In addition, talk with the doctor about shingles and Tdap vaccines.

  1. Does your older family member eat well and drink water?

A healthy diet rich with lean protein, fruit, and vegetables is essential. Nutritionists often encourage people to plan menus with produce in all colors of the rainbow. That helps ensure you consume necessary vitamins and nutrients.

Drinking eight glasses of water a day is another must. If a senior you care for doesn’t like water, try adding lemon or berries. You can also encourage them to eat foods with high water content, such as melon, cucumber, leafy greens, and celery.

  1. Is the senior getting enough quality sleep?

When you don’t sleep or aren’t getting good sleep, the body can become run down. That makes people more susceptible to illness. Unfortunately, insomnia and other sleep disorders are common among older adults.

If your senior loved one isn’t a good sleeper, their physician may need to order a sleep study. It can help identify problems and ways to correct them.

  1. Does your family elder exercise?

From chair yoga to walking, there are plenty of exercises for seniors to enjoy indoors. If you are self-isolating due to COVID-19, ask your doctor which types and durations of exercise are best.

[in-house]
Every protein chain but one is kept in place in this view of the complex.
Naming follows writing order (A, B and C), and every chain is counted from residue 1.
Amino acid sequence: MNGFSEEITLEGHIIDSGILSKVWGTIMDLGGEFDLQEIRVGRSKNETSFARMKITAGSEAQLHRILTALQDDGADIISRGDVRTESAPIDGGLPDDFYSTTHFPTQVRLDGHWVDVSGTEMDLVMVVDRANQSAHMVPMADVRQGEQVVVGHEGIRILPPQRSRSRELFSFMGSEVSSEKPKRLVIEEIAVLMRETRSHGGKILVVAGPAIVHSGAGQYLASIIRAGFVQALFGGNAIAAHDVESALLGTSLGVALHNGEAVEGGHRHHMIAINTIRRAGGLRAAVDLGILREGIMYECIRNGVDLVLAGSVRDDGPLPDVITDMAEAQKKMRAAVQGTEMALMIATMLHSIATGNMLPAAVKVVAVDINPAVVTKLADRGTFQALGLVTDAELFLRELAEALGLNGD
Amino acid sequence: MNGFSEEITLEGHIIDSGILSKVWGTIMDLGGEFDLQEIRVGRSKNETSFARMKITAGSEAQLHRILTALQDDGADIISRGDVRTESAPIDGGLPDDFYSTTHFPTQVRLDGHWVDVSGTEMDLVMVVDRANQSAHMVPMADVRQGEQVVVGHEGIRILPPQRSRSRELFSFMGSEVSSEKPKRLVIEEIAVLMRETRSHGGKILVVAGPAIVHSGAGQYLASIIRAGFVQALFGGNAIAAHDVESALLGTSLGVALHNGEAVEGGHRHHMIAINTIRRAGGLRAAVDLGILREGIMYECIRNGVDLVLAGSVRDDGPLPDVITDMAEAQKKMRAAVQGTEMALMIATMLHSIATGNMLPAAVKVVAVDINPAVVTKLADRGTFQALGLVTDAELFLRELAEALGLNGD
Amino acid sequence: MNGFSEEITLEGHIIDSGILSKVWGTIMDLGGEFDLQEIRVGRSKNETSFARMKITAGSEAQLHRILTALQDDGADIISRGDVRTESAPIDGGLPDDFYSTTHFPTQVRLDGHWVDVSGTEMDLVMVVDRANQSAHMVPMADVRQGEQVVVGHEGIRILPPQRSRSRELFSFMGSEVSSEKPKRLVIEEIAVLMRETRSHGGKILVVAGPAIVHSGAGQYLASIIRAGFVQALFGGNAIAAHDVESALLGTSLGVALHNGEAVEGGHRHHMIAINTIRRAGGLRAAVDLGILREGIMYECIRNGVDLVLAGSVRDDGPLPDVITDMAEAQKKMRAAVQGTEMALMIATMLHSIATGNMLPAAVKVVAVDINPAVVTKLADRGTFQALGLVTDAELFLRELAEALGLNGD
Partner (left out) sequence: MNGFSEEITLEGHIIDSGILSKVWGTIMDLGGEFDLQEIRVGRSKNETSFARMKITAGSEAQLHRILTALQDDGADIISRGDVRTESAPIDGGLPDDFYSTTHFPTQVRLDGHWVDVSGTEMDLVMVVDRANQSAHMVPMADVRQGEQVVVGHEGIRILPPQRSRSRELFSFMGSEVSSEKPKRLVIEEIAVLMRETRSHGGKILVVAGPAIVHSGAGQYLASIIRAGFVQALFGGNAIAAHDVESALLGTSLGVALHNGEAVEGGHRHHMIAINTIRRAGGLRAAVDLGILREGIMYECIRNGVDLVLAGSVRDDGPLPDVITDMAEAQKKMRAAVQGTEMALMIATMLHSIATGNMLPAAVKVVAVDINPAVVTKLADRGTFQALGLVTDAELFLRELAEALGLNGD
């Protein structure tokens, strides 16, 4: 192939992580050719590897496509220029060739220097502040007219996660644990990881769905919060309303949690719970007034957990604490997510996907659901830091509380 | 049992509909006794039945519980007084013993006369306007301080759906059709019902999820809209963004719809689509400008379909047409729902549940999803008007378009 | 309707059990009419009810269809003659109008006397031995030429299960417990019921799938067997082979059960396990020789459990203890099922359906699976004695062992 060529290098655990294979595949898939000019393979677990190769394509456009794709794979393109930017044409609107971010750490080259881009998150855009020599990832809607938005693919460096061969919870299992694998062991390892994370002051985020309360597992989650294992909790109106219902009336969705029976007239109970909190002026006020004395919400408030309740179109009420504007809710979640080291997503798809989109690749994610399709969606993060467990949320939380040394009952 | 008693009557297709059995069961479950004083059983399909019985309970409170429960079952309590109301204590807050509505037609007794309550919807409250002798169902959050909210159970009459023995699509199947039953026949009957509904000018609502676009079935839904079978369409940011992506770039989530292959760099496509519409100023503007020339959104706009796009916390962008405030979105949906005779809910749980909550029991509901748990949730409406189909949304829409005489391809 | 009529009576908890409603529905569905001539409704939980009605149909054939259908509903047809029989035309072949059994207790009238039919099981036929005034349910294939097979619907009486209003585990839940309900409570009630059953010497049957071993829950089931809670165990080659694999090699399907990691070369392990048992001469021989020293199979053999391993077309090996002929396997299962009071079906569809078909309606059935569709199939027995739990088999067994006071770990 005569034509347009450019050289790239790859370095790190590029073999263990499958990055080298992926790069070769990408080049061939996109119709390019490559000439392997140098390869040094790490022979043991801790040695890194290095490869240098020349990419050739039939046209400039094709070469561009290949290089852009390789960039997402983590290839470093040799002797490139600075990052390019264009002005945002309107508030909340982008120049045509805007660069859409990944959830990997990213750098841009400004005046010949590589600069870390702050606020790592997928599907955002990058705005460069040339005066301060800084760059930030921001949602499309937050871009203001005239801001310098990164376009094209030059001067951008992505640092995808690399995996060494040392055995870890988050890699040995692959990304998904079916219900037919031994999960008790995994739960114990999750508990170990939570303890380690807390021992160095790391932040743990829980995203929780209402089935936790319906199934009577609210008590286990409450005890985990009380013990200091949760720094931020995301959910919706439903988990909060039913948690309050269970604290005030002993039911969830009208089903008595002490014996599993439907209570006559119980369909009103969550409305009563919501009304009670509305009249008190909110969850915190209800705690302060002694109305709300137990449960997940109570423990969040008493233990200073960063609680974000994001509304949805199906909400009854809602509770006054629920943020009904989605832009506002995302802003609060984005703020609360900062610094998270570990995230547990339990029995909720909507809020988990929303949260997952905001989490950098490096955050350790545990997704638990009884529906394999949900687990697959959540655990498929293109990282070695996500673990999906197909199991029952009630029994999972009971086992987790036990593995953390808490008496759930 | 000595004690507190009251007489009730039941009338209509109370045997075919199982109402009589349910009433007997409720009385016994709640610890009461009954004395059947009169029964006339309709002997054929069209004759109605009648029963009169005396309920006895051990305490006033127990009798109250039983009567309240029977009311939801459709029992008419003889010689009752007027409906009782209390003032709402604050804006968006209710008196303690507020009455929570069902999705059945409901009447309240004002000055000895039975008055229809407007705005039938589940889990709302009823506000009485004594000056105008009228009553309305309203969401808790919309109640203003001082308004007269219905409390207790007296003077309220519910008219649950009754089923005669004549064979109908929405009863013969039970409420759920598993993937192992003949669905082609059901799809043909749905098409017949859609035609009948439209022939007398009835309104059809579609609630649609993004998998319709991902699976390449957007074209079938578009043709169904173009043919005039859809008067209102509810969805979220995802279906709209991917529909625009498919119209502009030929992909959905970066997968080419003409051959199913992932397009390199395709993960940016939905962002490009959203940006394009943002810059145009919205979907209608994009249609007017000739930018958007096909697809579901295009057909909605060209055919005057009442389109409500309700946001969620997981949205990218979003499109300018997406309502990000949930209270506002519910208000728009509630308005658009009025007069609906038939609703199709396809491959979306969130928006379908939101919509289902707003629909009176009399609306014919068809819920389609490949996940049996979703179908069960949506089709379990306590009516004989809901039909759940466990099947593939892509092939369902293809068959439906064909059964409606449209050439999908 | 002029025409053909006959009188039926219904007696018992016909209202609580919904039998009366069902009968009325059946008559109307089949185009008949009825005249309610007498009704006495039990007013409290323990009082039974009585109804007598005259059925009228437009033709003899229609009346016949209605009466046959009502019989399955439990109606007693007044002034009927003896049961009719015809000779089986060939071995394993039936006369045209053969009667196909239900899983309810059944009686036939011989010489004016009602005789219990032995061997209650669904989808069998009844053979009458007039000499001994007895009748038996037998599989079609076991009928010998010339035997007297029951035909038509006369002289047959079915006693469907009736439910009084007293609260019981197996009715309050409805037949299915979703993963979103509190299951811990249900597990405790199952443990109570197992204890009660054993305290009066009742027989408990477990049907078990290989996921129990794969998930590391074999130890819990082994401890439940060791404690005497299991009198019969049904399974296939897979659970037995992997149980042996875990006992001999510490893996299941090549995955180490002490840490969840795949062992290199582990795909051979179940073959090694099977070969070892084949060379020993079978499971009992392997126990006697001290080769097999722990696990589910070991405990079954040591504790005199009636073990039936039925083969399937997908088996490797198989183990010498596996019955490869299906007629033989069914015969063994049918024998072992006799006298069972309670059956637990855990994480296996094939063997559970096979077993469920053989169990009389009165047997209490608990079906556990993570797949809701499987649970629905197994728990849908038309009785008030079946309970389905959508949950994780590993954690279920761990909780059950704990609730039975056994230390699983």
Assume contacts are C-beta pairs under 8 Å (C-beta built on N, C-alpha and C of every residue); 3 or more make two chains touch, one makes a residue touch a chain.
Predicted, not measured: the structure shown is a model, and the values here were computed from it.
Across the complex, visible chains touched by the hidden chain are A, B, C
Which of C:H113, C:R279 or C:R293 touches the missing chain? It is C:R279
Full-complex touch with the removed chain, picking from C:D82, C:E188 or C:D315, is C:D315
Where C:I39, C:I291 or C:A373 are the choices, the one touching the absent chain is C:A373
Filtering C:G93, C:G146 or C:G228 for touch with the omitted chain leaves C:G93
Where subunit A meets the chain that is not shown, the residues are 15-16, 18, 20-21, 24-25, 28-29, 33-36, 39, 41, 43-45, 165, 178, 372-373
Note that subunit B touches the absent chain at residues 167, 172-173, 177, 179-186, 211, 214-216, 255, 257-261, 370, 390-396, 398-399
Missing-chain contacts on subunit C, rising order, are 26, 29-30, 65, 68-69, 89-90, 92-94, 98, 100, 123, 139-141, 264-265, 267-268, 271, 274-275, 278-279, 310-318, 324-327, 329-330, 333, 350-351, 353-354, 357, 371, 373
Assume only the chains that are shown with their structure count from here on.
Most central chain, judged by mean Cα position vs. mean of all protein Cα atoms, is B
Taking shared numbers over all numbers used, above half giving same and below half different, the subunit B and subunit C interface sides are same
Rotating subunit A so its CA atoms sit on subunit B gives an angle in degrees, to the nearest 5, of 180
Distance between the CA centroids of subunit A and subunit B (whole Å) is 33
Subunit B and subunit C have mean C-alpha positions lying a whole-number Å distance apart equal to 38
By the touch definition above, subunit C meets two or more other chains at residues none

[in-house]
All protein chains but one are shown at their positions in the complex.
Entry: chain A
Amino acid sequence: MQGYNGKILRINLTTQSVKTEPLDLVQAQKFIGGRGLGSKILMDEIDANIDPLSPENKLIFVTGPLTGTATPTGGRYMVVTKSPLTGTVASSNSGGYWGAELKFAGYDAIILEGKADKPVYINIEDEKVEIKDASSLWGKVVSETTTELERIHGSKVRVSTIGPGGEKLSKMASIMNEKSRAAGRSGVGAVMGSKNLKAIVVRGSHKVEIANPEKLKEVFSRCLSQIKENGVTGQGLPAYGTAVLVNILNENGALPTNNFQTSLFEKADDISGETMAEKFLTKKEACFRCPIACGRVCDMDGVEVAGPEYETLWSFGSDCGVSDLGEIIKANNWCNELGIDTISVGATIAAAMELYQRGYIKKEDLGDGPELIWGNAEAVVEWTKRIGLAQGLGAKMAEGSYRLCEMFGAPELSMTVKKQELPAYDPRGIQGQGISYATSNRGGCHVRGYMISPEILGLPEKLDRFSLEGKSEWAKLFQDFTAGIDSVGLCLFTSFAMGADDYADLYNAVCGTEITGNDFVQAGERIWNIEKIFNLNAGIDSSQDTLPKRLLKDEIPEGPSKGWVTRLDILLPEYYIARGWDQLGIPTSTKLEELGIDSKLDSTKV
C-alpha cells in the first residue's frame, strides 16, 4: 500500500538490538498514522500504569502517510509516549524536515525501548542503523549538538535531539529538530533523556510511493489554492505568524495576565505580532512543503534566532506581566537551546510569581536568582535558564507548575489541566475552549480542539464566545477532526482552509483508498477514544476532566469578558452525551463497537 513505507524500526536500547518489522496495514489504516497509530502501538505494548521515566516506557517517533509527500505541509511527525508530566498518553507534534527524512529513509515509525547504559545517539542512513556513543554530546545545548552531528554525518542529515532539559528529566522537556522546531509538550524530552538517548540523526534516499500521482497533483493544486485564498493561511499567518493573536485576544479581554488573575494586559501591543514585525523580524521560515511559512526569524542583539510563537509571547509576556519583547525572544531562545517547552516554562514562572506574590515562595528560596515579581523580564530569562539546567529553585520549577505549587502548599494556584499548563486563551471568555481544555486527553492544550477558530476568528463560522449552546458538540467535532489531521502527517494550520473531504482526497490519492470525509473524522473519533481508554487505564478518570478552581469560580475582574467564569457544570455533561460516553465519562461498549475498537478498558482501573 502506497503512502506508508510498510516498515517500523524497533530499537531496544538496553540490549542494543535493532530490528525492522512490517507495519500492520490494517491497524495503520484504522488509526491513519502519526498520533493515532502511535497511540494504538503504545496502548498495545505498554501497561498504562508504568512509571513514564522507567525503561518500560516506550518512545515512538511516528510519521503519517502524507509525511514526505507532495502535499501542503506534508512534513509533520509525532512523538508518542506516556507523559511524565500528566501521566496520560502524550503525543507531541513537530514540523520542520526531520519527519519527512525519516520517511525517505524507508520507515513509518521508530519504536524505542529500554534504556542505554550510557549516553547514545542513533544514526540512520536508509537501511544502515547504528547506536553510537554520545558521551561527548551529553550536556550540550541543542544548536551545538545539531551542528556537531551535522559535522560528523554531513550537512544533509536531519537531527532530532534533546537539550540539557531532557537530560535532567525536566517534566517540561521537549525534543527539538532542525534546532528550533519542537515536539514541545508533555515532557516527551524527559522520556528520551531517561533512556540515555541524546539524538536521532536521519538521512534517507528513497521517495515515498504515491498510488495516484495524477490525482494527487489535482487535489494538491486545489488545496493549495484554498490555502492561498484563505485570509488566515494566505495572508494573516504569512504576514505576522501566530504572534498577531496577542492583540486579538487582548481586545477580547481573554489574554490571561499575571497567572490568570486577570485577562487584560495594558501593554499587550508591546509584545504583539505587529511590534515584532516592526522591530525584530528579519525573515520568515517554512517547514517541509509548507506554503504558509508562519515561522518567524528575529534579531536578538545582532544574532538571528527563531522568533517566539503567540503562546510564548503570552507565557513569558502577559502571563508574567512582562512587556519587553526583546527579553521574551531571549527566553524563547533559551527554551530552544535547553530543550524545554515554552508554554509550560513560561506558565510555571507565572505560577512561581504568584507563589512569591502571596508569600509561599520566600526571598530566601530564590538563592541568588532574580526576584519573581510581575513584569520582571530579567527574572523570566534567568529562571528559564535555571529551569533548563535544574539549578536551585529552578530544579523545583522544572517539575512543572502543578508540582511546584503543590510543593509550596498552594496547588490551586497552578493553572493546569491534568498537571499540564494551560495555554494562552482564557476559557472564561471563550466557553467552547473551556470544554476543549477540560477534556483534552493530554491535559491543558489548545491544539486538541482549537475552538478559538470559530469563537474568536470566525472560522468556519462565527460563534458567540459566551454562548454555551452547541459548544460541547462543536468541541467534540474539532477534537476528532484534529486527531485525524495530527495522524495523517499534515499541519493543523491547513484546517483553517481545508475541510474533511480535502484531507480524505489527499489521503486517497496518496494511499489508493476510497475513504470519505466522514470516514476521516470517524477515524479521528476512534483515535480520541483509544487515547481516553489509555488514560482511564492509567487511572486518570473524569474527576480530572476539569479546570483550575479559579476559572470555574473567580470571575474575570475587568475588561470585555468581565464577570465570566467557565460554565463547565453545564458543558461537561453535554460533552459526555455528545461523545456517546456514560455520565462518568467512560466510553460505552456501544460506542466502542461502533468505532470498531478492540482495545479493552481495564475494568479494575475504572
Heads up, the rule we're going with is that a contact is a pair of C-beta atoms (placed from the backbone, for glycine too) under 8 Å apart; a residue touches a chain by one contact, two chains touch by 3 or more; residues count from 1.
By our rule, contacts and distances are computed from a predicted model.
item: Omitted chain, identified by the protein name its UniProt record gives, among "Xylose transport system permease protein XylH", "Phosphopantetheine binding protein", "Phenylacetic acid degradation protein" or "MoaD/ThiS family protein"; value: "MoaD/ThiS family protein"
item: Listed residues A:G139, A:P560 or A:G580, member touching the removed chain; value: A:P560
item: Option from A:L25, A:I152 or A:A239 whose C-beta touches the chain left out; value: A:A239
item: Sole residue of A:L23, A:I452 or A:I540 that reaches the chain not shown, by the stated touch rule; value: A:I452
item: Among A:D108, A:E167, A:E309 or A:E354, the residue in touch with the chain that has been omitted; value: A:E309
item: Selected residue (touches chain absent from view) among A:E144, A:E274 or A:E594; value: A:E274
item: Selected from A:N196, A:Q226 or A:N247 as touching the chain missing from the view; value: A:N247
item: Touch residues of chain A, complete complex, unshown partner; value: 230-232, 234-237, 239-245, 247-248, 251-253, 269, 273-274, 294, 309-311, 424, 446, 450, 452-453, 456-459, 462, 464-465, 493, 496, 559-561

Programs like Go4Life from the National Institute on Aging and SilverSneakers On-Demand make it easier to maintain a healthy and active lifestyle from the privacy of your own home. Go4Life is free for seniors, and SilverSneakers is a membership program many insurance companies help finance.

Follow Our Blog

We hope you found this blog helpful in your pursuit of a healthy lifestyle. The Senior Community Lifestyle blog is updated at least once each week. We tackle topics ranging from giving up driving to moving a loved one who has dementia. Bookmark this site and stop back often for the latest news.

Falls Prevention Awareness Day: Keeping Seniors Safe

Falls Prevention Awareness Day: Keeping Seniors Safe

Dear Donna:

My 78-year-old mother lost her balance on a small step and suffered a nasty fall. She wasn’t seriously injured, but was badly bruised. While my mom blamed the shoes she was wearing, I think there is more to it.

One change in her well-being my family and I have noticed recently is weight loss. I’m wondering if it might be linked to her fall. Do you have any fall prevention tips I can use to lower my mom’s risk? We know she might not be as lucky should she experience another fall.


Chris in Saline, MI


Fall Prevention Awareness Day


Dear Chris,

Sounds like a frightening experience for your mother and you! I’m glad she wasn’t more seriously injured. Many seniors who’ve experienced a bad fall worry it will happen again. It can create a great deal of anxiety, so I hope she’s coping with that challenge.

Your question about preventing falls is common, especially from worried adult children. Understandably so when you know how common and dangerous falls are for seniors: